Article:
Thanks for sharing! I wish you well!

  3. Hi Nick,

    It’s an interesting argument, but I’d like to raise a couple of objections.

    What about epistemic intuitions?
    For example, let’s say Bob is a Young Earth Creationist (YEC), but he is consistent. Since theory is (at least nearly always, and definitely when it’s about empirical matters) underdetermined by evidence, he consistently believes that YEC is true. He accepts all of the observations made by scientists, but interprets them as Lucifer planting fossils to tempt us, or Yahweh doing so to test us, etc.
    Now, imagine that his brain is wired radically different from yours, and he’s just assessing the evidence by his own epistemic intuitions (if you don’t call that “intuition”, my point would be he’s still doing it by whatever means his brain/mind does it). So, that explains his different intuitions. But intuitions can be wrong, and appeals to epistemic intuitions might be contingent upon brains being in a certain way. And epistemic assessments that do not use the word “intuition” might be also contingent upon brains being in a certain way, etc.
    My question would be: if the line of argument you raise against appeal to intuitions in the case of morality is successful, why is it not successful in the case of epistemic intuitions? Why would be the relevant difference?
    How can we even know moral truths?
    After all, it seems that we only have our sense of right and wrong to tell right from wrong, or some general theories, like utilitarianism in some form or another, or Christianity in some form or another, etc. But the general theories – as long as they do make predictions – can be tested only against our sense of right and wrong. I would say a proper way to test them is to consider hypothetical scenarios in which our sense of right and wrong delivers clear verdicts, and see whether the theory we’re testing matches the assessment. But is our sense of right and wrong different from our moral intuitions? What else is there? Perhaps, it’s partially a matter of terminology. What counts as an “intuition”? But it seems to me that considering hypothetical scenarios to see what our sense of right and wrong says is a test of the theory vs. our intuitions, in any way one can construct it.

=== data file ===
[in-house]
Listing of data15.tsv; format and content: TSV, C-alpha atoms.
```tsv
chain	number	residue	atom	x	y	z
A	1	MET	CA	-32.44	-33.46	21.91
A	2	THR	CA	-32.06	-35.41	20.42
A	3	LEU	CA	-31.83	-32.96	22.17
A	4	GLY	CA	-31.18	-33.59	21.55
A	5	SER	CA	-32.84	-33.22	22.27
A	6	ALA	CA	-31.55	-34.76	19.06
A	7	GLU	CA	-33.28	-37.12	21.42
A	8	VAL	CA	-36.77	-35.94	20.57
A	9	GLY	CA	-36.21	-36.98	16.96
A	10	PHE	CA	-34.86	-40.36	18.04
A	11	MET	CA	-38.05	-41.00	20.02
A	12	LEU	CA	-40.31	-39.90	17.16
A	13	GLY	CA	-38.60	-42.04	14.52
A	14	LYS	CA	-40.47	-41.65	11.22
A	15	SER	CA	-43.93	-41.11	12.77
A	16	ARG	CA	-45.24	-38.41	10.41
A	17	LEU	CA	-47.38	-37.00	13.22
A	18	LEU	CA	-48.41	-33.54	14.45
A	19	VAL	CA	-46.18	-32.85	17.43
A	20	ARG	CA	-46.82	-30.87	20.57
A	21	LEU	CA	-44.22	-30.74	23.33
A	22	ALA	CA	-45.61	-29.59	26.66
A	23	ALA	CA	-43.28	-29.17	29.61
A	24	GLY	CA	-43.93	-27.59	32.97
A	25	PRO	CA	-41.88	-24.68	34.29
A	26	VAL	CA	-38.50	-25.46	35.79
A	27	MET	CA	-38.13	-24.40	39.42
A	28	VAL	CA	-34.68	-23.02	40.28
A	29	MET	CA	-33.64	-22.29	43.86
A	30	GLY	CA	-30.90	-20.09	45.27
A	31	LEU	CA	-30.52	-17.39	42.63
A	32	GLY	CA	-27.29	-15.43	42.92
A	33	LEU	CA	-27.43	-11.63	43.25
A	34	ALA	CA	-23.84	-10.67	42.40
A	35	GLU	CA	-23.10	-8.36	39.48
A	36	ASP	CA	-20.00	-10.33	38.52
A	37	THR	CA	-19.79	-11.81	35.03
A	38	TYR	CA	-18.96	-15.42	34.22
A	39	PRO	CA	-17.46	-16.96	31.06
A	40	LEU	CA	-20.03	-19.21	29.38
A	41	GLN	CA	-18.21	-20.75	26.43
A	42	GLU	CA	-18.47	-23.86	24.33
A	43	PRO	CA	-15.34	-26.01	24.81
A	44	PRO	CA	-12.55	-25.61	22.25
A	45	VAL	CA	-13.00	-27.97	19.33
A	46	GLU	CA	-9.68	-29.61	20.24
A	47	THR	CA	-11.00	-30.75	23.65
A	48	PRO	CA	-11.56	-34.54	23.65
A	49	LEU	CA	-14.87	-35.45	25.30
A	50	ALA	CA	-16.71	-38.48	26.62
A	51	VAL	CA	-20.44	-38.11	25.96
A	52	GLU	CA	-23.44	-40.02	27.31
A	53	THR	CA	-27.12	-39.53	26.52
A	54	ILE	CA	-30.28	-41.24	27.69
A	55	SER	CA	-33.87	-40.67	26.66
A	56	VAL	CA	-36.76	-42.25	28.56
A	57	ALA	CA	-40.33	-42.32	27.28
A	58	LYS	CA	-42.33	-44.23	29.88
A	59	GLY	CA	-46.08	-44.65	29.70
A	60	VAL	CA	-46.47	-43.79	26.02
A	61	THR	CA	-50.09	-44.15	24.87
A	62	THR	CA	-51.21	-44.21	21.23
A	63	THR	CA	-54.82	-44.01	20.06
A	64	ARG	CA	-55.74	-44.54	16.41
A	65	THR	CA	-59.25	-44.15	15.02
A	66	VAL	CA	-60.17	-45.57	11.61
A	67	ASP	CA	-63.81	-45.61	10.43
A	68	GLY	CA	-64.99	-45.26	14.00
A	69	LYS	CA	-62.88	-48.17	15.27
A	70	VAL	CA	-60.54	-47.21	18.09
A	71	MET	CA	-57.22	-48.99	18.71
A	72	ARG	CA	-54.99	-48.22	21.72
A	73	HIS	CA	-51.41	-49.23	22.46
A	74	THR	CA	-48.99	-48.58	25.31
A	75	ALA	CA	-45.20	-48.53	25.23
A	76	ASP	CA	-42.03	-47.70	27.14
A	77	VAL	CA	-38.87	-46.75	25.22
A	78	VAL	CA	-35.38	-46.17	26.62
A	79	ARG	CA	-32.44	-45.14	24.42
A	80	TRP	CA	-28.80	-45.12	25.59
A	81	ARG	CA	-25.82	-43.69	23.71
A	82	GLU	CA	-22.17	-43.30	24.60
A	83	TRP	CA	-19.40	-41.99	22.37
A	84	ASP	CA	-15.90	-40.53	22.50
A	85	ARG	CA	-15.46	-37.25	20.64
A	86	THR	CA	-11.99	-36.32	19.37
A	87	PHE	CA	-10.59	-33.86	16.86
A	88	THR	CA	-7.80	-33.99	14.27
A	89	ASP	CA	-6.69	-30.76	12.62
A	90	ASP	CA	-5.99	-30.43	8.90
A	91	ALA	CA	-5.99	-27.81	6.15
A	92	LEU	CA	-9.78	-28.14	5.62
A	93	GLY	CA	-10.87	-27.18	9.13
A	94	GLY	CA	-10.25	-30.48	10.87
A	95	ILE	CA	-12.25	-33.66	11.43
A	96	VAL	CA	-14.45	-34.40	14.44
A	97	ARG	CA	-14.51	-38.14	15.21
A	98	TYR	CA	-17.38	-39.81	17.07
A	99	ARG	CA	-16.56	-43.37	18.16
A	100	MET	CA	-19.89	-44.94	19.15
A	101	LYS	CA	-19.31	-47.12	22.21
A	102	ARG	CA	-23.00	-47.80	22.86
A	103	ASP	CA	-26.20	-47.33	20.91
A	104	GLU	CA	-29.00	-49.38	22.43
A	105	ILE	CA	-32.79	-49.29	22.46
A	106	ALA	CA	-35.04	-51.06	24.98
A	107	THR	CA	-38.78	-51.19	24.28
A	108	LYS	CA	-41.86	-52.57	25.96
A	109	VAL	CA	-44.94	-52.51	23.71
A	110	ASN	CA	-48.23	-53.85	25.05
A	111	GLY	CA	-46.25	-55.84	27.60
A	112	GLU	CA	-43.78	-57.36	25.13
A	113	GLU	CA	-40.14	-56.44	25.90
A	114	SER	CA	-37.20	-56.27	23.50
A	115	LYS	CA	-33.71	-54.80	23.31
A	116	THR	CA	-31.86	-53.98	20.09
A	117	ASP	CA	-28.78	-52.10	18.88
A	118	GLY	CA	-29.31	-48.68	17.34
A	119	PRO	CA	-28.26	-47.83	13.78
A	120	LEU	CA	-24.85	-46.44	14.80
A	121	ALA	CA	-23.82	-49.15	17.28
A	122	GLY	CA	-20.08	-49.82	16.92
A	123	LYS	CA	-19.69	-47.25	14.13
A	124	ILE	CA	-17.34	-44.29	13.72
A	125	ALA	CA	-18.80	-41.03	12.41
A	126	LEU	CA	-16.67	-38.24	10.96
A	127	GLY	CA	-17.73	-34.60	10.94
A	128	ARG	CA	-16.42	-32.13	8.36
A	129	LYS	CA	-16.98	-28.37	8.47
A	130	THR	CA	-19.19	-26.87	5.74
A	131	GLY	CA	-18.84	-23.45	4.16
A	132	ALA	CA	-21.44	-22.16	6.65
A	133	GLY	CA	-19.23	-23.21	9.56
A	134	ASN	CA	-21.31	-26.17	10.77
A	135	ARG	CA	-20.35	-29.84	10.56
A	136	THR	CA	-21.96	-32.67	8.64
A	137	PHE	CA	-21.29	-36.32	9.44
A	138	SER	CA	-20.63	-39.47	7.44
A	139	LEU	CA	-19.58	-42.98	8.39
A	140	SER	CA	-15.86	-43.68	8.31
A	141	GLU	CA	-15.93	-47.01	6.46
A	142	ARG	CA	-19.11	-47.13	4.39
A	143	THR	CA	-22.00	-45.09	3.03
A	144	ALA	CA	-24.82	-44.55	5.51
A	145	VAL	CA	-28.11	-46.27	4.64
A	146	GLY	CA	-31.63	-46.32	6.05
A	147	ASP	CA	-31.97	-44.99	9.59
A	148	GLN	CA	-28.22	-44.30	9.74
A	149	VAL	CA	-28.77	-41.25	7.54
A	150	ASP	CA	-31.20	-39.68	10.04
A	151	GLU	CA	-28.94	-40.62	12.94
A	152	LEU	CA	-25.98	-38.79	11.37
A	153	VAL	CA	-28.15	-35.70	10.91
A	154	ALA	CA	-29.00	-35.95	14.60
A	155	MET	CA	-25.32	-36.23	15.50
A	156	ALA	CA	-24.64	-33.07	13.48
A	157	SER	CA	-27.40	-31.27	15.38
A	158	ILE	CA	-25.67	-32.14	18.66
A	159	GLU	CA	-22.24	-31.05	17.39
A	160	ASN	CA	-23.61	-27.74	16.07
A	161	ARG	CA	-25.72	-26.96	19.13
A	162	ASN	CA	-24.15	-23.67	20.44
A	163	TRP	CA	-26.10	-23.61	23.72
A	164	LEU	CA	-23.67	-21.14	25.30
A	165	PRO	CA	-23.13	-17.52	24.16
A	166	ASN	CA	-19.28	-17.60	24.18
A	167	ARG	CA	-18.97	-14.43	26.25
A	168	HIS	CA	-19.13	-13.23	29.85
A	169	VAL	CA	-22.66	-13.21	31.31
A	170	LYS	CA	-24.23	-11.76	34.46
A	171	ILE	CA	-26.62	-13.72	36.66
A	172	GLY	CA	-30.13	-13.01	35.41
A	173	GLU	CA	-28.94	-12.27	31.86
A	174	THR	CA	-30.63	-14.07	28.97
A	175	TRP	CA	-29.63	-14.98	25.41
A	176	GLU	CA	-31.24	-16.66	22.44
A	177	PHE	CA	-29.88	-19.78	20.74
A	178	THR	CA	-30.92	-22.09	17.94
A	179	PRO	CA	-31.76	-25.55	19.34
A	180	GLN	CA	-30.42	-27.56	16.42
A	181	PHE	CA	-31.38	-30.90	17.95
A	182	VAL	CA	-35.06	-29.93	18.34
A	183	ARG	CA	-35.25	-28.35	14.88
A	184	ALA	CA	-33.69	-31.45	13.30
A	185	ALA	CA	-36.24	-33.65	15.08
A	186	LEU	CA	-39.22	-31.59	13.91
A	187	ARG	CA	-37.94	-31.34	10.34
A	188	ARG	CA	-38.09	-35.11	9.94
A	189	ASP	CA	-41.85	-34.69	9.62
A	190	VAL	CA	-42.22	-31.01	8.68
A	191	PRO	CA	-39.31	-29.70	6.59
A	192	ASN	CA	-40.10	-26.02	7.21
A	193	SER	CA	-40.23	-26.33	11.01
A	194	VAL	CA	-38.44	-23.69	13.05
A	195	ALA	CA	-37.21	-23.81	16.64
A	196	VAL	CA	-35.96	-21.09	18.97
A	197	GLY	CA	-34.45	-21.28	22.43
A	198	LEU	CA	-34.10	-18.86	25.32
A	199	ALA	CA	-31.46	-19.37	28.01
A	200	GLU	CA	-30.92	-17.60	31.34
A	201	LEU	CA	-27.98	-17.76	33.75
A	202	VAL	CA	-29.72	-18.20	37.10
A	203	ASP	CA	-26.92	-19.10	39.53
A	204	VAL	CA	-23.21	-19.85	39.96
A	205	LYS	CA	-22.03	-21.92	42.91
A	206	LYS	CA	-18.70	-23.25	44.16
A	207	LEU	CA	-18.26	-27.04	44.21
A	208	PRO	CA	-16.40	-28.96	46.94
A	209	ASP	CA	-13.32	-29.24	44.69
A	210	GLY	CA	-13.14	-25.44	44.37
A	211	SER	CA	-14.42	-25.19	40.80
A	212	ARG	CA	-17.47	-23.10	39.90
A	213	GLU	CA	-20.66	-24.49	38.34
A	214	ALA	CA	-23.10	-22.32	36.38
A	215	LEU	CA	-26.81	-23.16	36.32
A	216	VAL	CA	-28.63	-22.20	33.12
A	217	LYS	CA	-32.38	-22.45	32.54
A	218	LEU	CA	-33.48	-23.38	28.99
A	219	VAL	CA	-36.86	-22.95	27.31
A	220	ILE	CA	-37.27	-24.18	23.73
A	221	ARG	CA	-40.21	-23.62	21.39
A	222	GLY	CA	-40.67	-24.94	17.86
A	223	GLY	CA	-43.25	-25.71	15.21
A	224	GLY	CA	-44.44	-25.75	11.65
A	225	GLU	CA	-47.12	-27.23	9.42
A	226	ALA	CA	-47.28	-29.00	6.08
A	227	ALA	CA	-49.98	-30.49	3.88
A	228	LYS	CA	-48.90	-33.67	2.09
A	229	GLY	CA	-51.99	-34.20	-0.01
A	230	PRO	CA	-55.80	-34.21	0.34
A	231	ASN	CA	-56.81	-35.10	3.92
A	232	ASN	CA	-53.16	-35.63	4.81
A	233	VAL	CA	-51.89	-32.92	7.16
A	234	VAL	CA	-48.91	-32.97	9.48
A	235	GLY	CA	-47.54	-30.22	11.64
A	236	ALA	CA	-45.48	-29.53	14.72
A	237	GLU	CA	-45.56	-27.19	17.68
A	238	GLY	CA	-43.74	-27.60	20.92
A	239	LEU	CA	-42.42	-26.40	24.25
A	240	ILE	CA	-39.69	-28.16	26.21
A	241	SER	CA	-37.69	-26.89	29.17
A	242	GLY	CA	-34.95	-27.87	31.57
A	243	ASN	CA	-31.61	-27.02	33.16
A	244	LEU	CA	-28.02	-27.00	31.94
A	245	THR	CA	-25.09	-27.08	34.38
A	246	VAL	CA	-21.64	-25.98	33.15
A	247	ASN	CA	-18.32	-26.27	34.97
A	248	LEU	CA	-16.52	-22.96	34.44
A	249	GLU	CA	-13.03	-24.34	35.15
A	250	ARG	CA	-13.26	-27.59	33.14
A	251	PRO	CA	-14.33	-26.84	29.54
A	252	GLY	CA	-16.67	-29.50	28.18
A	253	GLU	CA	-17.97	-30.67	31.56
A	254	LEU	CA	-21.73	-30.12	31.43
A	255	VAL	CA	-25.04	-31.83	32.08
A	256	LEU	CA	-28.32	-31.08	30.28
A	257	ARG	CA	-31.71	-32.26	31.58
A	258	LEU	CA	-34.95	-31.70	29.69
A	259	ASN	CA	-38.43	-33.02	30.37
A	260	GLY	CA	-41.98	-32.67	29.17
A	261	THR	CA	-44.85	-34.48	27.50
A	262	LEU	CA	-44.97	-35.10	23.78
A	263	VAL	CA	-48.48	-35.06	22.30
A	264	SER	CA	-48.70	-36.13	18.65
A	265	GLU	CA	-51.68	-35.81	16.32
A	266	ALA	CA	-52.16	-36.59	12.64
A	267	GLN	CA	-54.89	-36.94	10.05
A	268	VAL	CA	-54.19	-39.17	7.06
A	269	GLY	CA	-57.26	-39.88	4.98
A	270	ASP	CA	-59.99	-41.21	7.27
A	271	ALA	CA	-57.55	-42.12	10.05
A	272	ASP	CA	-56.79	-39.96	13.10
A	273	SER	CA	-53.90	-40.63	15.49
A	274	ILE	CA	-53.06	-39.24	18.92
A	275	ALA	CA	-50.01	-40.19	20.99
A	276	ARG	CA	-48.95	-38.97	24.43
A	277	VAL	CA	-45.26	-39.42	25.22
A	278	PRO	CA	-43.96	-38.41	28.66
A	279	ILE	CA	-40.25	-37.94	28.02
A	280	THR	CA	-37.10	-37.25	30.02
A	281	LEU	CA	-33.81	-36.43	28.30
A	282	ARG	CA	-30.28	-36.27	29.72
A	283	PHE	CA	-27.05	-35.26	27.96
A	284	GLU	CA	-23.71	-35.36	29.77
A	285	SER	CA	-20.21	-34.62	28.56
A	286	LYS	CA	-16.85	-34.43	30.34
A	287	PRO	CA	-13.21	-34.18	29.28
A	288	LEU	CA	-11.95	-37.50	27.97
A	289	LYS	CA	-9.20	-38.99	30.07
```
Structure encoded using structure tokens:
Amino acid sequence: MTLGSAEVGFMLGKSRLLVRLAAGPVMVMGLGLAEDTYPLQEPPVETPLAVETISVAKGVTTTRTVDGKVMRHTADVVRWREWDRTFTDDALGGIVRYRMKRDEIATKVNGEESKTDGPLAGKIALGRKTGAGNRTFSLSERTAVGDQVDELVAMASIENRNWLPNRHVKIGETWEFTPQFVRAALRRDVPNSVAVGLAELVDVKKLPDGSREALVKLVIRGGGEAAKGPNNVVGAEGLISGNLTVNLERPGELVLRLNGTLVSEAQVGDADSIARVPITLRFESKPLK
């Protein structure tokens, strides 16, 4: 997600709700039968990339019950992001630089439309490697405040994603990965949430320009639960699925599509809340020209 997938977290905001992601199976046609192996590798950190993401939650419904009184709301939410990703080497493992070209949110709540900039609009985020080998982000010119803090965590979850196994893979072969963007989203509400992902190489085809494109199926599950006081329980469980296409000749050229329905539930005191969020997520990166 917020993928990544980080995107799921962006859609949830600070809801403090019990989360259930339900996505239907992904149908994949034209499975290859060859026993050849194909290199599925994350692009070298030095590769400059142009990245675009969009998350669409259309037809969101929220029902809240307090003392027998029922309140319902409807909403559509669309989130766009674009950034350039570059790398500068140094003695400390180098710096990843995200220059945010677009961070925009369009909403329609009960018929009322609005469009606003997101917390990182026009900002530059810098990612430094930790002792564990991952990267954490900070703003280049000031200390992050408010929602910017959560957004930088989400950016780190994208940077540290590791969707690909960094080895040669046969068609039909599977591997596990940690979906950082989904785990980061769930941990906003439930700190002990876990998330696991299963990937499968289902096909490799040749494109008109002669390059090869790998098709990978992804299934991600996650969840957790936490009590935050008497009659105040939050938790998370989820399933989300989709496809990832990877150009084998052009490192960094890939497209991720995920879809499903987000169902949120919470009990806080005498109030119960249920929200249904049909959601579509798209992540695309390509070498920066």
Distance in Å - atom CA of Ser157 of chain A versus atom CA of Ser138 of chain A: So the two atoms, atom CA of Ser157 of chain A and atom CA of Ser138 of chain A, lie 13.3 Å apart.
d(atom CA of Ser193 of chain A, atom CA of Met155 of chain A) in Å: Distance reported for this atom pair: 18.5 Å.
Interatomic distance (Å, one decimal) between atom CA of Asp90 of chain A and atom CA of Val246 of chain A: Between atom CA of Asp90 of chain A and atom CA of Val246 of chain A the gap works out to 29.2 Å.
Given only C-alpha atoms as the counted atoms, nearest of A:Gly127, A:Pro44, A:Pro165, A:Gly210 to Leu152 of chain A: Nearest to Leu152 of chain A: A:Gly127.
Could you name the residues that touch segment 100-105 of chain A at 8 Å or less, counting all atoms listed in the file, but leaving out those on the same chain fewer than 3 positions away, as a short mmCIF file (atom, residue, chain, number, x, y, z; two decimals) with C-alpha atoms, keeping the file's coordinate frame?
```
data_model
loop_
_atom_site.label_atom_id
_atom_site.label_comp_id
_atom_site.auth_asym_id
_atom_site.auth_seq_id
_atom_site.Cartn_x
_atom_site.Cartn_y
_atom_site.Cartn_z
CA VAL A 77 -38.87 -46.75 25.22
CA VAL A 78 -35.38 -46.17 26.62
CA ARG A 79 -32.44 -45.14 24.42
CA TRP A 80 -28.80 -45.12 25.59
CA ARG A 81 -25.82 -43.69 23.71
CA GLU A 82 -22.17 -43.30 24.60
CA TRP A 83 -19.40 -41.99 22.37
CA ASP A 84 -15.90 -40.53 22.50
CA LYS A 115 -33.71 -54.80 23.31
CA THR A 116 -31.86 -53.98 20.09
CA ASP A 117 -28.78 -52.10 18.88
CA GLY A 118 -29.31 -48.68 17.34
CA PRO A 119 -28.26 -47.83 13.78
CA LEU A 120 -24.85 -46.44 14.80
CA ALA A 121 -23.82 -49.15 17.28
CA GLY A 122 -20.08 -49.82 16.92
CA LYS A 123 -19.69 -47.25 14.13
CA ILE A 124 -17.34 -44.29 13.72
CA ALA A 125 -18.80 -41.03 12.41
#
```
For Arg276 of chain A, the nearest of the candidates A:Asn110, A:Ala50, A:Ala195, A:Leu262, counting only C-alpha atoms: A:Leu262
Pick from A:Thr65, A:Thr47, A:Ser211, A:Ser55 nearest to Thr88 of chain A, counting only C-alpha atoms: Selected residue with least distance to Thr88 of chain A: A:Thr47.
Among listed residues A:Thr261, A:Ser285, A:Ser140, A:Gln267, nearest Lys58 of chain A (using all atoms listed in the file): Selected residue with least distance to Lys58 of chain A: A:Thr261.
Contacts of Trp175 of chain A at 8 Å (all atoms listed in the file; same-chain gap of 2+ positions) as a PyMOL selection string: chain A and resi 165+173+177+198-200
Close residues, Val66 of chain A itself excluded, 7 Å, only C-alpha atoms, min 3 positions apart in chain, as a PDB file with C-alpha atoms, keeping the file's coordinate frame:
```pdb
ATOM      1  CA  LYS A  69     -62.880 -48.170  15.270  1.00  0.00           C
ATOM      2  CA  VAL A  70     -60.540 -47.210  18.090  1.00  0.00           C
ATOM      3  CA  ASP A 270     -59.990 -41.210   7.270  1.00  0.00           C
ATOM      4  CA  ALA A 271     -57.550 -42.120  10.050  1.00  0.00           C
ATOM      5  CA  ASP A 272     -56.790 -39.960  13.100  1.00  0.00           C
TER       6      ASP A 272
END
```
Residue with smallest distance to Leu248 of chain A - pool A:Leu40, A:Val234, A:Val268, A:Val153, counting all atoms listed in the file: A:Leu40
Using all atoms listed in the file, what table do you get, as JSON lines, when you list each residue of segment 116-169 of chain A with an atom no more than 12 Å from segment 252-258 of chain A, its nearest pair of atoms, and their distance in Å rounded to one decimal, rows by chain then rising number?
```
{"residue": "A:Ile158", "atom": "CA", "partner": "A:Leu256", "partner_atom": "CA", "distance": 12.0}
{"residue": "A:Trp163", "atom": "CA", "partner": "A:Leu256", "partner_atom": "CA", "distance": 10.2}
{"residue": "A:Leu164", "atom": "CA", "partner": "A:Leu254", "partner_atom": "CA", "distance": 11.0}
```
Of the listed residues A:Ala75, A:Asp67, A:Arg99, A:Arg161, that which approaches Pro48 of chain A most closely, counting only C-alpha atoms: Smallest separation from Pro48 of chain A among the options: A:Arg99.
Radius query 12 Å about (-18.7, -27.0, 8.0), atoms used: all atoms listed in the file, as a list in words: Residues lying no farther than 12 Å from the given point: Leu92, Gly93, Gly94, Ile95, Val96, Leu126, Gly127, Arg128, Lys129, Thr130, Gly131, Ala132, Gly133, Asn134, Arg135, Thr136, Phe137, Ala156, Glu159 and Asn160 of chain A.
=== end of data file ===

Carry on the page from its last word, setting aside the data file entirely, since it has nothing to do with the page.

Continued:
Moreover, if our brain were wired very differently (depending on how it’s wired), it’s pretty clear our sense of right and wrong (whether that’s what one calls “intuitions” or not) would deliver very different verdicts, or perhaps – if radically different enough, like some sort of alien -, it would not be a sense of right and wrong but some alien analog.
    What about color vision?
    If our brain is rewired in some ways, we could see colors very differently (that’s pretty clear; e.g., by the fact that nonhuman animals see colors very differently, or rather, they see species-specific analogues to color). Or we wouldn’t perceive color at all, but some analogue. But in any case, there would be a radical change too.
    In fact, there are people who do see colors differently, e.g., anomalous trichromats. Why is their color vision not reliable in tracking colors, and ours is reliable?
    (whether the difference is a difference in brains or in eyes does not make a difference to the argument, given the analogy with the appeal to nature).

    Granted, maybe these replies are similar to a “self-defeat” argument, but I’m not using Huemer’s general line of argumentation, but narrowing it down to specific cases and making parallels.

Thoughts? Questions? Suggestions?